Organizing social movement gatherings & Peoples Movements Assembly, to meet and create convergence of social movements and integrating of struggle at the frontline for systemic social change.
Organizando asambleas de movimientos sociales para crear convergencia y así la integración de los movimientos sociales en la acción al cambio social sistemático.
Even had Rick Santorum clipped his s's in perfect Caribbean Spanish, the message would still have burst the bubble of statehood leaders in Puerto Rico, a U.S. territory of nearly four million U.S. citizens gearing up for a status plebiscite in November. To their dismay, while Santorum campaigned last week for the Republican primary in Puerto Rico, he expressed that English should be universally spoken, and the upcoming plebiscite should garner more than a simple majority vote of 51 percent, as conditions for statehood.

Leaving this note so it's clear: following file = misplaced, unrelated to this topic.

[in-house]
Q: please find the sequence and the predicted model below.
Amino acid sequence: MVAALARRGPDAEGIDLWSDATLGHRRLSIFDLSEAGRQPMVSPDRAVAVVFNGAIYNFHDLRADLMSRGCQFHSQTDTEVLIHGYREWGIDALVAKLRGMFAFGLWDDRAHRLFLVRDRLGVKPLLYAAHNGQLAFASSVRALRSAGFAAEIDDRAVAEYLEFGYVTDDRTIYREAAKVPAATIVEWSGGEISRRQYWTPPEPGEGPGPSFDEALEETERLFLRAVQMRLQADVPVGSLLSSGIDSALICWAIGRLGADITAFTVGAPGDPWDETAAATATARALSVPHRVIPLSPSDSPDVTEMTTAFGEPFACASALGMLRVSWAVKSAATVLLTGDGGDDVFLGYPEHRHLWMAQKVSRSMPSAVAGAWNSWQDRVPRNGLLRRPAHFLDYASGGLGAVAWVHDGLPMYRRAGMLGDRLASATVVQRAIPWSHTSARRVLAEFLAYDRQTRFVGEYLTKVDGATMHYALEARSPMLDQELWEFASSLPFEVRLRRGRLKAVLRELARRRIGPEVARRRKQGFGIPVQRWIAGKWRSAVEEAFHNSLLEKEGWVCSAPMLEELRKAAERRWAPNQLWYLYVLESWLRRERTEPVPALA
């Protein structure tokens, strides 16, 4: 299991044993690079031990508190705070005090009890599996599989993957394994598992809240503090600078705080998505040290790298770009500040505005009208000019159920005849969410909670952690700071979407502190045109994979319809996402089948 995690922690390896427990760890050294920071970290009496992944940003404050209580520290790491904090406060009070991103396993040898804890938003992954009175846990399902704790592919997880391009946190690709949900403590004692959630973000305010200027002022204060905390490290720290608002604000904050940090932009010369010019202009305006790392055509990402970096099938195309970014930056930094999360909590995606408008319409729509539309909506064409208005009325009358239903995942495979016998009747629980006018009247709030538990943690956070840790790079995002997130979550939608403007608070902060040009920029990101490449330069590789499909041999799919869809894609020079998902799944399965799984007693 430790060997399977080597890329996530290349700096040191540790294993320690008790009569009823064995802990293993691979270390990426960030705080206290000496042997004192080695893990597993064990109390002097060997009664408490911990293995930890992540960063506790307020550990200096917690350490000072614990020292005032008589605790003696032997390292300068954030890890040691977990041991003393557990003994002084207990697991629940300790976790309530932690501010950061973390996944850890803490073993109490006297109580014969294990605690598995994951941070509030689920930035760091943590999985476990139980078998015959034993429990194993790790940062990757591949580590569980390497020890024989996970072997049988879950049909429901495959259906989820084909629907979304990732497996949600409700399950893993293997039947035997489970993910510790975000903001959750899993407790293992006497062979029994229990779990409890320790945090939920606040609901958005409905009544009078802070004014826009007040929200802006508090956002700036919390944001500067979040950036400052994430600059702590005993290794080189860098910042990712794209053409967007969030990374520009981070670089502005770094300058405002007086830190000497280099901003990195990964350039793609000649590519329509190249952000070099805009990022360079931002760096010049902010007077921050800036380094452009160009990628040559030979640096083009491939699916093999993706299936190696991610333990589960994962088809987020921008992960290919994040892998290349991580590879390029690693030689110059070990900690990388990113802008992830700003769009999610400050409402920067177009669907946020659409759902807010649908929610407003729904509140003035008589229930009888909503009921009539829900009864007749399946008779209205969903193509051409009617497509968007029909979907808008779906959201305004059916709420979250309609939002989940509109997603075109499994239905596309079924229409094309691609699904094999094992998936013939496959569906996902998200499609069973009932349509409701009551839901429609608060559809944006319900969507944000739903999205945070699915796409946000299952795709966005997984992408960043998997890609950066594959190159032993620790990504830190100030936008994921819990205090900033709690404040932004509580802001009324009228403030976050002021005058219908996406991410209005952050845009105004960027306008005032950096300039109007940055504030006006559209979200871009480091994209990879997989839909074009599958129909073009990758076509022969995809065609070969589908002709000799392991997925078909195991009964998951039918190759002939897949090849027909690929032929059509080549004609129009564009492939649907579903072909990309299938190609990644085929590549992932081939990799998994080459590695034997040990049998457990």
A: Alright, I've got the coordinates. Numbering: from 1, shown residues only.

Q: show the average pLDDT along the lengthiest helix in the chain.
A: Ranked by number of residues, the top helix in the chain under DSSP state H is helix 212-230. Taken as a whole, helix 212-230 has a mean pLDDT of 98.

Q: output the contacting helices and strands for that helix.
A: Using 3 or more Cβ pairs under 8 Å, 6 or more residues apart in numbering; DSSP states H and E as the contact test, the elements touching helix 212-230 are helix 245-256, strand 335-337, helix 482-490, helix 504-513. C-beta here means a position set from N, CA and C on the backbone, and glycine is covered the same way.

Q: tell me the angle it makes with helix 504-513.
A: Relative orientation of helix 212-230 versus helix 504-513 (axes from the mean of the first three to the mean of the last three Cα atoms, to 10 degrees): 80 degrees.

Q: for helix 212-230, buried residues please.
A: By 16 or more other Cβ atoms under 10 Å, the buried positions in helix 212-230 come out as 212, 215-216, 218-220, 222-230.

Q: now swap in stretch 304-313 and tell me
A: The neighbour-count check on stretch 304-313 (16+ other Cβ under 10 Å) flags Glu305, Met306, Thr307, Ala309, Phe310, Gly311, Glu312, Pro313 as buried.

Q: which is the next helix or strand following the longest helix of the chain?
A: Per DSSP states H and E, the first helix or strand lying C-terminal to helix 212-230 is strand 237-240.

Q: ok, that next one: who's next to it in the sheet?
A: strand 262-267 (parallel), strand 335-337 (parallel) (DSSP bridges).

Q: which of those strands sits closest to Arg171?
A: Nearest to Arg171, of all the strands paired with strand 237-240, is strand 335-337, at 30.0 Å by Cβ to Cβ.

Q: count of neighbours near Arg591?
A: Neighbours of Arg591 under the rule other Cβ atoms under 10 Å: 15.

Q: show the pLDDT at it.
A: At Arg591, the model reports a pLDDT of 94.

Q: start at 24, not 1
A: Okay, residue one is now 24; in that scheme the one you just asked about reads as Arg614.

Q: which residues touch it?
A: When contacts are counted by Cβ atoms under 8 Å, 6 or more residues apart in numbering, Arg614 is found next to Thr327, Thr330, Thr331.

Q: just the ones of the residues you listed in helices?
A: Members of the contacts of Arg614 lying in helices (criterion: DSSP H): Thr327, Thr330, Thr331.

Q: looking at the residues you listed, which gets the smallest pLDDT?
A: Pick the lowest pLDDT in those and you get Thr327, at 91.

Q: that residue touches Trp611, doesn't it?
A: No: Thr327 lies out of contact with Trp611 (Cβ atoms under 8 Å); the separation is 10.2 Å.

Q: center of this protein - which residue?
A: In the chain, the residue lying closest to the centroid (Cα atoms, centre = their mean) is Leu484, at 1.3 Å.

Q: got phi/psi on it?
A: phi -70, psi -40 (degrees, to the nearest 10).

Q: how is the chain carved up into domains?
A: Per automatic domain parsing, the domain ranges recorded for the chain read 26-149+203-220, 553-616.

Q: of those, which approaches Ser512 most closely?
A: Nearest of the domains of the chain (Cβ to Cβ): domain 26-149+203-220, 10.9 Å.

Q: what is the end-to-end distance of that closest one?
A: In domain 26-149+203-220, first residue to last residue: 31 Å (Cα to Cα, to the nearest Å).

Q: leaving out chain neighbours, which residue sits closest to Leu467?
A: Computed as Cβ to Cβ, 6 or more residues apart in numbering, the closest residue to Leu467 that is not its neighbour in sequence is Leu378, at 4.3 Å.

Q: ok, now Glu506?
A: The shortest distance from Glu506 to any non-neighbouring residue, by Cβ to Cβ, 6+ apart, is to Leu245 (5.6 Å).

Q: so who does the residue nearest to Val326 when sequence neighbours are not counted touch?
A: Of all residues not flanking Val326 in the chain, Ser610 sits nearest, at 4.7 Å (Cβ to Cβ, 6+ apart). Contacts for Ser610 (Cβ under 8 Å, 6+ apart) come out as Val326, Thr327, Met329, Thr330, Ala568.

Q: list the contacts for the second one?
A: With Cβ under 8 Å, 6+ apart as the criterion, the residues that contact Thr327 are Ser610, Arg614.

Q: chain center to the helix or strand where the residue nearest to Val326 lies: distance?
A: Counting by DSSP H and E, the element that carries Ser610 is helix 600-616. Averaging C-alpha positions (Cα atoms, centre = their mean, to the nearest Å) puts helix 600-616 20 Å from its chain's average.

In the immediate aftermath, Santorum began to retract and recognized that full bilingualism is not legally required though he advocates English as a "language of opportunity." The statement was in keeping with positions from Pro English, U.S. English and Tea Party movements, whose leaders implored him to pronounce on the issue as he headed into Puerto Rico's contest for 23 delegates last week, beaming from Bible Belt wins in Alabama and Mississippi.
Puerto Rico, however, cannot participate in general elections.
Santorum's position was a blow for a statehood movement that for decades has touted "la estadidad jíbara," where jíbaro is the traditional peasant and also iconic symbol of the competing Partido Popular Democrático, which is pro status quo for a commonwealth freely associated with the United States. Bilingualism in Puerto Rico is reported at 19 percent and the option for statehood has never reached 50 percent in four previous status referendums held since 1967.